"Our development represents a significant step forward in the production of practical atomic clocks and we're extremely excited by our plans, which range from partnerships with the UK aerospace industry, which could come to fruition within five years, through to portable atomic clocks that could be housed in your phone and within driverless cars and drones within 20 years."

###

The full paper is published in can be accessed here from that time: http://dx.doi.org/10.1038/s41566-019-0379-5

Media Contact

Anna Ford
a.ford@sussex.ac.uk
01-273-678-111

 @sussexunipress

http://www.sussex.ac.uk 

Anna Ford | EurekAlert!
Further information:
https://www.sussex.ac.uk/news/all?id=48070
http://dx.doi.org/10.1038/s41566-019-0379-5

More articles from Physics and Astronomy:

nachricht The magic wavelength of cadmium
16.09.2019 | University of Tokyo

nachricht Tomorrow´s coolants of choice
16.09.2019 | Helmholtz-Zentrum Dresden-Rossendorf

All articles from Physics and Astronomy >>>

The most recent press releases about innovation >>>

Die letzten 5 Focus-News des innovations-reports im Überblick:

Im Focus: Happy hour for time-resolved crystallography

Researchers from the Department of Atomically Resolved Dynamics of the Max Planck Institute for the Structure and Dynamics of Matter (MPSD) at the Center for Free-Electron Laser Science in Hamburg, the University of Hamburg and the European Molecular Biology Laboratory (EMBL) outstation in the city have developed a new method to watch biomolecules at work. This method dramatically simplifies starting enzymatic reactions by mixing a cocktail of small amounts of liquids with protein crystals. Determination of the protein structures at different times after mixing can be assembled into a time-lapse sequence that shows the molecular foundations of biology.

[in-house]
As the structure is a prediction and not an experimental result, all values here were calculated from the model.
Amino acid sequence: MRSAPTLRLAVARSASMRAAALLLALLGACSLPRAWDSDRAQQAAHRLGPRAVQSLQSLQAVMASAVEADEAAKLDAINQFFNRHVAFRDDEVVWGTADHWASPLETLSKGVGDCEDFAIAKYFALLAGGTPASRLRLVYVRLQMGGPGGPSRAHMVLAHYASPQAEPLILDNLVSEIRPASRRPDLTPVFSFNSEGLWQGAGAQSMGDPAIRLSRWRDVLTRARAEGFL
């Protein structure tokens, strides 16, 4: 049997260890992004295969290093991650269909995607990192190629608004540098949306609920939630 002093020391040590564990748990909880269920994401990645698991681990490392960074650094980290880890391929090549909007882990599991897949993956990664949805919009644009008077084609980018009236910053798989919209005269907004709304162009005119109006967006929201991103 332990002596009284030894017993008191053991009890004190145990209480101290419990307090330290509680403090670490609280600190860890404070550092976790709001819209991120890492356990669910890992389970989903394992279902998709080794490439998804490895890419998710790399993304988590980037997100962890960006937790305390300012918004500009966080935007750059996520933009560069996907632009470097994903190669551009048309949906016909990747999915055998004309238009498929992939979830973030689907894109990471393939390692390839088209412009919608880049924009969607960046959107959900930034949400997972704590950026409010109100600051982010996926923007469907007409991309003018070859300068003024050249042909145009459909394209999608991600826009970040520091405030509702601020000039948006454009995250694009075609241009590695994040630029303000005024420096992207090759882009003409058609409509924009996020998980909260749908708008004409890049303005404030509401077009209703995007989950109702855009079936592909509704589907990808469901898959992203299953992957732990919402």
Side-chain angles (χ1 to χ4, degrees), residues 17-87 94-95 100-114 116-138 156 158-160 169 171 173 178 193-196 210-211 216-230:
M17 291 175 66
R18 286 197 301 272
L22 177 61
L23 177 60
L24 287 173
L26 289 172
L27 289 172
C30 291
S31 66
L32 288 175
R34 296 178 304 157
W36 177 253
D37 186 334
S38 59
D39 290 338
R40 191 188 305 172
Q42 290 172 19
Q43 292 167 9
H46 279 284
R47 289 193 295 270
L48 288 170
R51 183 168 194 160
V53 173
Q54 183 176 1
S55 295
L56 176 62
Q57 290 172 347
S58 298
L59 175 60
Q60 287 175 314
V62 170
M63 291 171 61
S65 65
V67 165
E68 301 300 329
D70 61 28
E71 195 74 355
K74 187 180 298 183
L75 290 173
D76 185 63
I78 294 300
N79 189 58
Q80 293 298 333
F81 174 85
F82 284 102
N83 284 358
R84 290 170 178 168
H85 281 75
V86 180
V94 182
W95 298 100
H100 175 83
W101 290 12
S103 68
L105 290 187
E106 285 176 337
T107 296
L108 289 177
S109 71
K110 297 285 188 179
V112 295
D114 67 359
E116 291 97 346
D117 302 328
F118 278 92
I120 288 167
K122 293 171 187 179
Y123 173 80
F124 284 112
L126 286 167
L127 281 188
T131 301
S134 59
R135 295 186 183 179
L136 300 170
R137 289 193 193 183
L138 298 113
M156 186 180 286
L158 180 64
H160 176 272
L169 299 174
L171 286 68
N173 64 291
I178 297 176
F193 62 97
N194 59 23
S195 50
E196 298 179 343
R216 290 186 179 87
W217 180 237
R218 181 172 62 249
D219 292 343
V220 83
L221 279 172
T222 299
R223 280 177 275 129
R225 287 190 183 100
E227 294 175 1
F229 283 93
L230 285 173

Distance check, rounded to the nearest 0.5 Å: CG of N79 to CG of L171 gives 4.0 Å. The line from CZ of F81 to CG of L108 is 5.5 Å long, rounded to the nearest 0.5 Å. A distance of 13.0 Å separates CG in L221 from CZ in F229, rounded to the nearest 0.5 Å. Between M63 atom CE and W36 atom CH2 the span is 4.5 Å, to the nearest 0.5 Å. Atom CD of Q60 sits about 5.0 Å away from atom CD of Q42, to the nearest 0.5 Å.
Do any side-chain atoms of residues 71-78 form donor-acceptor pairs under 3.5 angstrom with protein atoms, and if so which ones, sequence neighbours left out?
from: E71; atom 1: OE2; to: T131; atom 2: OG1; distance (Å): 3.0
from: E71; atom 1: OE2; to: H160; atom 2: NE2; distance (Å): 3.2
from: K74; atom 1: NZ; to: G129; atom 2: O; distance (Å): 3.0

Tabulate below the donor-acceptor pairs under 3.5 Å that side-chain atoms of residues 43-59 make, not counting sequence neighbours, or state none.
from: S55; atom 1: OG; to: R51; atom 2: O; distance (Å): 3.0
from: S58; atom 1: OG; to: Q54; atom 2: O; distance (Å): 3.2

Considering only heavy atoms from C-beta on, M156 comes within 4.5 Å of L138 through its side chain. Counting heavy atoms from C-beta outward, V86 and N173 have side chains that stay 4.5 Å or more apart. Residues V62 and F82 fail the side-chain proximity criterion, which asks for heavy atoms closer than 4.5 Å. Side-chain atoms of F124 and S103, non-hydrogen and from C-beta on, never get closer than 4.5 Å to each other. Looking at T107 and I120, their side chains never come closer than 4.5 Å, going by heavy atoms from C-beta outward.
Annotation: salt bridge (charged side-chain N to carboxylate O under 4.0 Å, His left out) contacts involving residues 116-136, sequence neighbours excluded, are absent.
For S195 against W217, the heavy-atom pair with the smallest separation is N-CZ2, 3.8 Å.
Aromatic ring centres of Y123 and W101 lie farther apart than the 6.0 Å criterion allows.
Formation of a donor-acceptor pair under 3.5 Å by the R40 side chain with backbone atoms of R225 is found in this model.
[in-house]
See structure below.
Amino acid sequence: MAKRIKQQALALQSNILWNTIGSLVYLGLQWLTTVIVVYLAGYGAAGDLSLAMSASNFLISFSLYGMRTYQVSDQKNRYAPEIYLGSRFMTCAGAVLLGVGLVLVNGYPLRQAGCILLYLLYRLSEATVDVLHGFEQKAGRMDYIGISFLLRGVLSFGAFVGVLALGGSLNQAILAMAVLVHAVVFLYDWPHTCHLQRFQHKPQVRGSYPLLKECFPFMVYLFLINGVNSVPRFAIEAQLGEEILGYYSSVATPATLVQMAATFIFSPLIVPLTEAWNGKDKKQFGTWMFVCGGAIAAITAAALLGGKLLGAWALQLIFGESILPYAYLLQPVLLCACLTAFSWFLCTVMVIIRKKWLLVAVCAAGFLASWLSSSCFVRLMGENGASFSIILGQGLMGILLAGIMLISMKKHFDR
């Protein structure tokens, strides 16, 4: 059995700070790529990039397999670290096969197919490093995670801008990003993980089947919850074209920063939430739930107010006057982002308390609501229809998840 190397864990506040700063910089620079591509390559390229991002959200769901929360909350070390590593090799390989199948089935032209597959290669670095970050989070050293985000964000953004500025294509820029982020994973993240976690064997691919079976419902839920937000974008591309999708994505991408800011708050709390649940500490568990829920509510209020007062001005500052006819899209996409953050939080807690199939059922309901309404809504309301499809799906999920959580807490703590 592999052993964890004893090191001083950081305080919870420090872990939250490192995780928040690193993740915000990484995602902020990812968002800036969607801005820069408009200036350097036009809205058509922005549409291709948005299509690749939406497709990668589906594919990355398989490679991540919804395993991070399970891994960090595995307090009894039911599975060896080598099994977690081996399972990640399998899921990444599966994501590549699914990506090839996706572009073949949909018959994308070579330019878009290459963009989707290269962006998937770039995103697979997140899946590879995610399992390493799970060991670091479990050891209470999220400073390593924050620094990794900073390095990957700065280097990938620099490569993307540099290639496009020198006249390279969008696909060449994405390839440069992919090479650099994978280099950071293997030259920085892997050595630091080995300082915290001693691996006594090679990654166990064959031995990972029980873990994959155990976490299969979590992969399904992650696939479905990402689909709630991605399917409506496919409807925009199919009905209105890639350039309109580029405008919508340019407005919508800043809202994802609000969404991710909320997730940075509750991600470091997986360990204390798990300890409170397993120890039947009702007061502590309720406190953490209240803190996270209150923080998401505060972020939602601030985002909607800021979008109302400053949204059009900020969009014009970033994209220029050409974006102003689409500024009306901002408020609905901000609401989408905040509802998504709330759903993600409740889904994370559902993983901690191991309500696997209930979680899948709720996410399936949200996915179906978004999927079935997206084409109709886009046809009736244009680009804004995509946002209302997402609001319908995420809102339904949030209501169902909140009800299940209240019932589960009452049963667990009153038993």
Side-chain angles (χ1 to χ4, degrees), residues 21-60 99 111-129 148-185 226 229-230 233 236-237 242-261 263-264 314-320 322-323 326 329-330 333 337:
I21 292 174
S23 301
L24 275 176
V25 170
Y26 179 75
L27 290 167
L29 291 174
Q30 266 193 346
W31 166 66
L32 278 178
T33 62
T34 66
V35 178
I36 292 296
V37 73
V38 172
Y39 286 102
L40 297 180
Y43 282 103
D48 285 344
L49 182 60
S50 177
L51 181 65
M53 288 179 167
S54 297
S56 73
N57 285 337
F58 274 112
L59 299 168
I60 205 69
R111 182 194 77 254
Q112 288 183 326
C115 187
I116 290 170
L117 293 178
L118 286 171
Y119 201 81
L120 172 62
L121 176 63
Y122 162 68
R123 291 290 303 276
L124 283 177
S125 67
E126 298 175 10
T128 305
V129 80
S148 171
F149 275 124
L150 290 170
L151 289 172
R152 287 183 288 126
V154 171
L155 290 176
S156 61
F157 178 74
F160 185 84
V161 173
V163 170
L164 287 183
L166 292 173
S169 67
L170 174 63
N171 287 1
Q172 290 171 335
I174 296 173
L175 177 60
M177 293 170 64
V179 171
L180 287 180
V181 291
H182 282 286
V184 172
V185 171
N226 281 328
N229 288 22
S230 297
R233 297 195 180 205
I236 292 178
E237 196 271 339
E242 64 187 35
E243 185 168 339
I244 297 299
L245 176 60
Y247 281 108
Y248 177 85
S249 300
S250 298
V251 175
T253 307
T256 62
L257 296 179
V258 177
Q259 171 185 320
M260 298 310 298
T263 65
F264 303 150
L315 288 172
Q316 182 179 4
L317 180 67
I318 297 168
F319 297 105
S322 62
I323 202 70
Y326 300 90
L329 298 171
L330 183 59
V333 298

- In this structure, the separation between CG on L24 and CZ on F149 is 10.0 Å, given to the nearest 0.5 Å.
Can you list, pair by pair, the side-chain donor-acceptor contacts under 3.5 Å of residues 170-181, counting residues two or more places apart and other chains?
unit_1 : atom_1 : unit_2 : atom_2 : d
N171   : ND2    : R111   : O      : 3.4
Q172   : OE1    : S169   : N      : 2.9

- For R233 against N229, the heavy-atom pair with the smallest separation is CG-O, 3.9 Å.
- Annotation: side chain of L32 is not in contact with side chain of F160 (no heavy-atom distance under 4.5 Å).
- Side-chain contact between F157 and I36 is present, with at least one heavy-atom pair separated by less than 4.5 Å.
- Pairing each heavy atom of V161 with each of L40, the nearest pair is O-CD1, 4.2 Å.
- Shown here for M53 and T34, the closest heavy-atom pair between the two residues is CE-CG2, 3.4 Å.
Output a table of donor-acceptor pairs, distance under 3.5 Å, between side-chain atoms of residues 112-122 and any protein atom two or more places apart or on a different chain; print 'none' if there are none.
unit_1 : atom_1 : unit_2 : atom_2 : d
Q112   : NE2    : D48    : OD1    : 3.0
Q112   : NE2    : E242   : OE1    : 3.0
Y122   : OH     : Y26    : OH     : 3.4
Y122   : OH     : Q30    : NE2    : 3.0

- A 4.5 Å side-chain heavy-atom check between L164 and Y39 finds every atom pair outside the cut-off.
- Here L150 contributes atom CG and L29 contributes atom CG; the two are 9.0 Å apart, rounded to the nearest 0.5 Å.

The functions of biomolecules are determined by their motions and structural changes. Yet it is a formidable challenge to understand these dynamic motions.

Im Focus: Modular OLED light strips

At the International Symposium on Automotive Lighting 2019 (ISAL) in Darmstadt from September 23 to 25, 2019, the Fraunhofer Institute for Organic Electronics, Electron Beam and Plasma Technology FEP, a provider of research and development services in the field of organic electronics, will present OLED light strips of any length with additional functionalities for the first time at booth no. 37.

Almost everyone is familiar with light strips for interior design. LED strips are available by the metre in DIY stores around the corner and are just as often...

Im Focus: Tomorrow´s coolants of choice

Scientists assess the potential of magnetic-cooling materials

Later during this century, around 2060, a paradigm shift in global energy consumption is expected: we will spend more energy for cooling than for heating....

Im Focus: The working of a molecular string phone

Researchers from the Department of Atomically Resolved Dynamics of the Max Planck Institute for the Structure and Dynamics of Matter (MPSD) at the Center for Free-Electron Laser Science in Hamburg, the University of Potsdam (both in Germany) and the University of Toronto (Canada) have pieced together a detailed time-lapse movie revealing all the major steps during the catalytic cycle of an enzyme. Surprisingly, the communication between the protein units is accomplished via a water-network akin to a string telephone. This communication is aligned with a ‘breathing’ motion, that is the expansion and contraction of the protein.

This time-lapse sequence of structures reveals dynamic motions as a fundamental element in the molecular foundations of biology.

Im Focus: Milestones on the Way to the Nuclear Clock

Two research teams have succeeded simultaneously in measuring the long-sought Thorium nuclear transition, which enables extremely precise nuclear clocks. TU Wien (Vienna) is part of both teams.

If you want to build the most accurate clock in the world, you need something that "ticks" very fast and extremely precise. In an atomic clock, electrons are...

All Focus news of the innovation-report >>>

Anzeige

Anzeige

VideoLinks
Industry & Economy
Event News

Society 5.0: putting humans at the heart of digitalisation

10.09.2019 | Event News

Interspeech 2019 conference: Alexa and Siri in Graz

04.09.2019 | Event News

AI for Laser Technology Conference: optimizing the use of lasers with artificial intelligence

29.08.2019 | Event News

 
Latest News

Turbine from the 3D printer

18.09.2019 | Materials Sciences

Novel mechanism of electron scattering in graphene-like 2D materials

17.09.2019 | Materials Sciences

Novel anti-cancer nanomedicine for efficient chemotherapy

17.09.2019 | Health and Medicine

VideoLinks
Science & Research
Overview of more VideoLinks >>>